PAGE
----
• chronic disease management;
  • osteoarthritis;
  • hip;
  • knee;
  • quality improvement


Background: Osteoarthritis of the hip and knee is a highly prevalent chronic condition in Australia that commonly affects older people who have other comorbidities. We report the pilot implementation of a new chronic disease management osteoarthritis service, which was multidisciplinary, evidence-based, supported patient self-management and care coordination.

Methods: A musculoskeletal coordinator role was pivotal to service redesign and osteoarthritis pathway implementation. Impact evaluation included: service utilization, patient and general practitioner service experience, a ‘before and after’ audit of clinician adherence to recommendations, and 3- and 6-month patient health outcomes (pain, physical function, patient and physician global health (Visual Analogue Scale), disability (Multi-Attribute Prioritisation Tool), Partners in Health Scale and body mass index).

Results: A total of 123 patients, median age of 66 years, were assessed. Documentation of osteoarthritis assessment and management improved for all parameters. At 3 months there were improvements in self-reported pain (P < 0.001), global function (P < 0.001), physician and patient reported global health (P < 0.001), Partners in Health Score (P < 0.001) and Hip and Knee Multi-Attribute Prioritisation Tool score (P < 0.014). Body mass index did not improve. Patients and general practitioners reported positive experiences, but there was variable uptake of recommendations by patients. The main factors influencing uptake of recommendations were access block to community services in the first 3 months and patient preferences for therapy. The cost implications for implementation were low.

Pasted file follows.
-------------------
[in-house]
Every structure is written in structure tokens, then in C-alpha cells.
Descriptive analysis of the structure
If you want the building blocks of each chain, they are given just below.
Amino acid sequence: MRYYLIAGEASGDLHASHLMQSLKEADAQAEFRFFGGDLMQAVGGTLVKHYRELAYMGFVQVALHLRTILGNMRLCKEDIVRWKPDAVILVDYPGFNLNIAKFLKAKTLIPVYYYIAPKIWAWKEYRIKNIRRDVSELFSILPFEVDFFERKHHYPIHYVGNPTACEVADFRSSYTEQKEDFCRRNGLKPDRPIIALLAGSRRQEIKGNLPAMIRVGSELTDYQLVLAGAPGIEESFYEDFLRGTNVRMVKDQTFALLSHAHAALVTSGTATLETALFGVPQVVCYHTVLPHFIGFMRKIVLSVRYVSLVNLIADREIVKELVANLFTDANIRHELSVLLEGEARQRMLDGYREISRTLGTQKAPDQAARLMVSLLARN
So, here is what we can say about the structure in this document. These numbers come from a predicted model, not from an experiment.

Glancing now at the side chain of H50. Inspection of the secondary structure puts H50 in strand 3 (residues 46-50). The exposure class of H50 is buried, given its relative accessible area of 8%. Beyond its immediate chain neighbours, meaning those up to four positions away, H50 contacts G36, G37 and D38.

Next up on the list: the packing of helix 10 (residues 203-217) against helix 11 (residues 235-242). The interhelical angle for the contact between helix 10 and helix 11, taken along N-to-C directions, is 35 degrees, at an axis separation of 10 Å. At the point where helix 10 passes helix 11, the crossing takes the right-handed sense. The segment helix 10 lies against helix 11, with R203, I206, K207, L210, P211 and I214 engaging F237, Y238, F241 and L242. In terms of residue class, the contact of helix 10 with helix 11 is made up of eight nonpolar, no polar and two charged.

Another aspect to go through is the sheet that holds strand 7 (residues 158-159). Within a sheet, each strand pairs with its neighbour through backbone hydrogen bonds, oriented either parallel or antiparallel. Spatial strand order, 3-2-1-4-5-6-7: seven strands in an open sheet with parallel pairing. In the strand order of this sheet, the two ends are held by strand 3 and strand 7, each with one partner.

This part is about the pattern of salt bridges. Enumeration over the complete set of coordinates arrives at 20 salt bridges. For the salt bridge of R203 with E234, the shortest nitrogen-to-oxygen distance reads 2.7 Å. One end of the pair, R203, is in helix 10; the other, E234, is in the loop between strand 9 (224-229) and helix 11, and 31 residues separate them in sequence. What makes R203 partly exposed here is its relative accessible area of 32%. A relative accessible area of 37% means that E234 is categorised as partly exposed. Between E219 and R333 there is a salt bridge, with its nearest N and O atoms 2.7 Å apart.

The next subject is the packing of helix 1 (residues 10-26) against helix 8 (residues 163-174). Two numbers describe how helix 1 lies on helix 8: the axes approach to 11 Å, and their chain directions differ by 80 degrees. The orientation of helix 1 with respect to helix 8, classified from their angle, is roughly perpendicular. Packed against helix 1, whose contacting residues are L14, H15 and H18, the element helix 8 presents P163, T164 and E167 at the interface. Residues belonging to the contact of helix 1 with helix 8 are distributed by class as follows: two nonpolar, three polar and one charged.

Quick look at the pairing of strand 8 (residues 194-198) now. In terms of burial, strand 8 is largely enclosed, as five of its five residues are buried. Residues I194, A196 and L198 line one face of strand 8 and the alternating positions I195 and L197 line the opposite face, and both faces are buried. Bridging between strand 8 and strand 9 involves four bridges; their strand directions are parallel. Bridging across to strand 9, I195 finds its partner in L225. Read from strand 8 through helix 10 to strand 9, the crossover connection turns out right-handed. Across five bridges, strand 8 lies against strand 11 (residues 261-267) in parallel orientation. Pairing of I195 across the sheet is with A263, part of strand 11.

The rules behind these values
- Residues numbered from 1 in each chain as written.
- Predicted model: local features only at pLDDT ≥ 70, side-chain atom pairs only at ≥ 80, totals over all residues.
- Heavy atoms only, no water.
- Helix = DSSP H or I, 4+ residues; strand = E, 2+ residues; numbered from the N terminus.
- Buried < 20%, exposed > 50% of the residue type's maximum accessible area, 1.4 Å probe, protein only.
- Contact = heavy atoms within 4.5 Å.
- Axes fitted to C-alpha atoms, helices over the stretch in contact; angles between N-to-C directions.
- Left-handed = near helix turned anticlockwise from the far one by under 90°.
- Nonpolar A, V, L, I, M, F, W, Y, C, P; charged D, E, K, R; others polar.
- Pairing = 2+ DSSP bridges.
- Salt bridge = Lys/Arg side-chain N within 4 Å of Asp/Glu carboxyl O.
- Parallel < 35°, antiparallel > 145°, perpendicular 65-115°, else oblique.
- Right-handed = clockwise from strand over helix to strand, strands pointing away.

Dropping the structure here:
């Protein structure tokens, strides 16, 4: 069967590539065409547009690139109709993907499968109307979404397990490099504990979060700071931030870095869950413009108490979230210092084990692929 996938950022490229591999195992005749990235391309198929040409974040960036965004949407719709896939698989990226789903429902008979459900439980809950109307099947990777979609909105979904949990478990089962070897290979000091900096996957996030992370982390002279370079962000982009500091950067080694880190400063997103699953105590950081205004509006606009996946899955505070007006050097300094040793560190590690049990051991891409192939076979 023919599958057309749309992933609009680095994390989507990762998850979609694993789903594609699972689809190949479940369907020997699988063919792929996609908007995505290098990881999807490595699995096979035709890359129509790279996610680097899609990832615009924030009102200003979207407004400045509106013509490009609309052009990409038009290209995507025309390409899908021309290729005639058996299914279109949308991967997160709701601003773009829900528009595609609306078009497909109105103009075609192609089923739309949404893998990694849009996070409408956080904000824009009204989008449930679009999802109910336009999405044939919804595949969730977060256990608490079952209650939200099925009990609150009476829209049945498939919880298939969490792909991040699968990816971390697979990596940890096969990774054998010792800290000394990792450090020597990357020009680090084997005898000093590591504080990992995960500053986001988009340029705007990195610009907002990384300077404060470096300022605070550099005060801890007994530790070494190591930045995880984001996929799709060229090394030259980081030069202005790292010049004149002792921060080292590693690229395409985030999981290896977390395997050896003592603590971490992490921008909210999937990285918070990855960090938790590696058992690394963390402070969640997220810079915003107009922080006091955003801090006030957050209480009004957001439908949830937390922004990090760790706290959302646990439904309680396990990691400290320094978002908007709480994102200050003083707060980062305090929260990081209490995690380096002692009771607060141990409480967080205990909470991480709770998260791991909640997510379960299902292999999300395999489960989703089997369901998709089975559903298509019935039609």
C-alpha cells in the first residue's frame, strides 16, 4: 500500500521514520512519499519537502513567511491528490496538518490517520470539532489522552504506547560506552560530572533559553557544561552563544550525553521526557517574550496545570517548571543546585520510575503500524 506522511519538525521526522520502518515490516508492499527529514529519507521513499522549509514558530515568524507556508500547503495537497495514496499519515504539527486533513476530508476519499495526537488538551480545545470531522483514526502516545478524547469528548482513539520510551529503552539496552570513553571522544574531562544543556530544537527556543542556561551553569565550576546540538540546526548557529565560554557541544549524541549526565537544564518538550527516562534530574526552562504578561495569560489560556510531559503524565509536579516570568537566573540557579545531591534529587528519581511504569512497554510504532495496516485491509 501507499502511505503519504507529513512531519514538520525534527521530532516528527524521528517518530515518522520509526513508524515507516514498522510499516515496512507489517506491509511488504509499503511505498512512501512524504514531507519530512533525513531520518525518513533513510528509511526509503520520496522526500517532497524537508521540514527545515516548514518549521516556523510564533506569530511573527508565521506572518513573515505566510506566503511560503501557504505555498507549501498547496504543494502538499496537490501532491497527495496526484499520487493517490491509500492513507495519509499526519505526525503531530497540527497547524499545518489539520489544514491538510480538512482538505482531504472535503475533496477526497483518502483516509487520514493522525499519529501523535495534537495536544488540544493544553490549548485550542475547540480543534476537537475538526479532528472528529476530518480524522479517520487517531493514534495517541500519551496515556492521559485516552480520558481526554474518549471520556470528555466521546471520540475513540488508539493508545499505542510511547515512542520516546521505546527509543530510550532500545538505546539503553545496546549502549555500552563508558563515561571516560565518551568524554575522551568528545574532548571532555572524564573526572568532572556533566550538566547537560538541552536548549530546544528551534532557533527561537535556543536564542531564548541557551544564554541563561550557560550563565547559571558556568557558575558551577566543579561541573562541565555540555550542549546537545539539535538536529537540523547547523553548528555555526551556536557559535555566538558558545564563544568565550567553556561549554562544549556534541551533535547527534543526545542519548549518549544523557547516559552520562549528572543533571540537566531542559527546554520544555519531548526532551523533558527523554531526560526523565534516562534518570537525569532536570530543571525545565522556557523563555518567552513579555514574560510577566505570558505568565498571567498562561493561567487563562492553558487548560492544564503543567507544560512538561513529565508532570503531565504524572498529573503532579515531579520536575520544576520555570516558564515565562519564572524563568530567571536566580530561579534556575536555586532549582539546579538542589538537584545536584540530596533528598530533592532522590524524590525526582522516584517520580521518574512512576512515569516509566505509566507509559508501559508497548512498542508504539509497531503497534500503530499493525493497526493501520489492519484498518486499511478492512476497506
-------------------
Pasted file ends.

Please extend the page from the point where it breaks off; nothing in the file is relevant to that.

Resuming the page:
Conclusion: The osteoarthritis service model is feasible to implement, is well received by patients and staff, and provides a template for translation into other settings.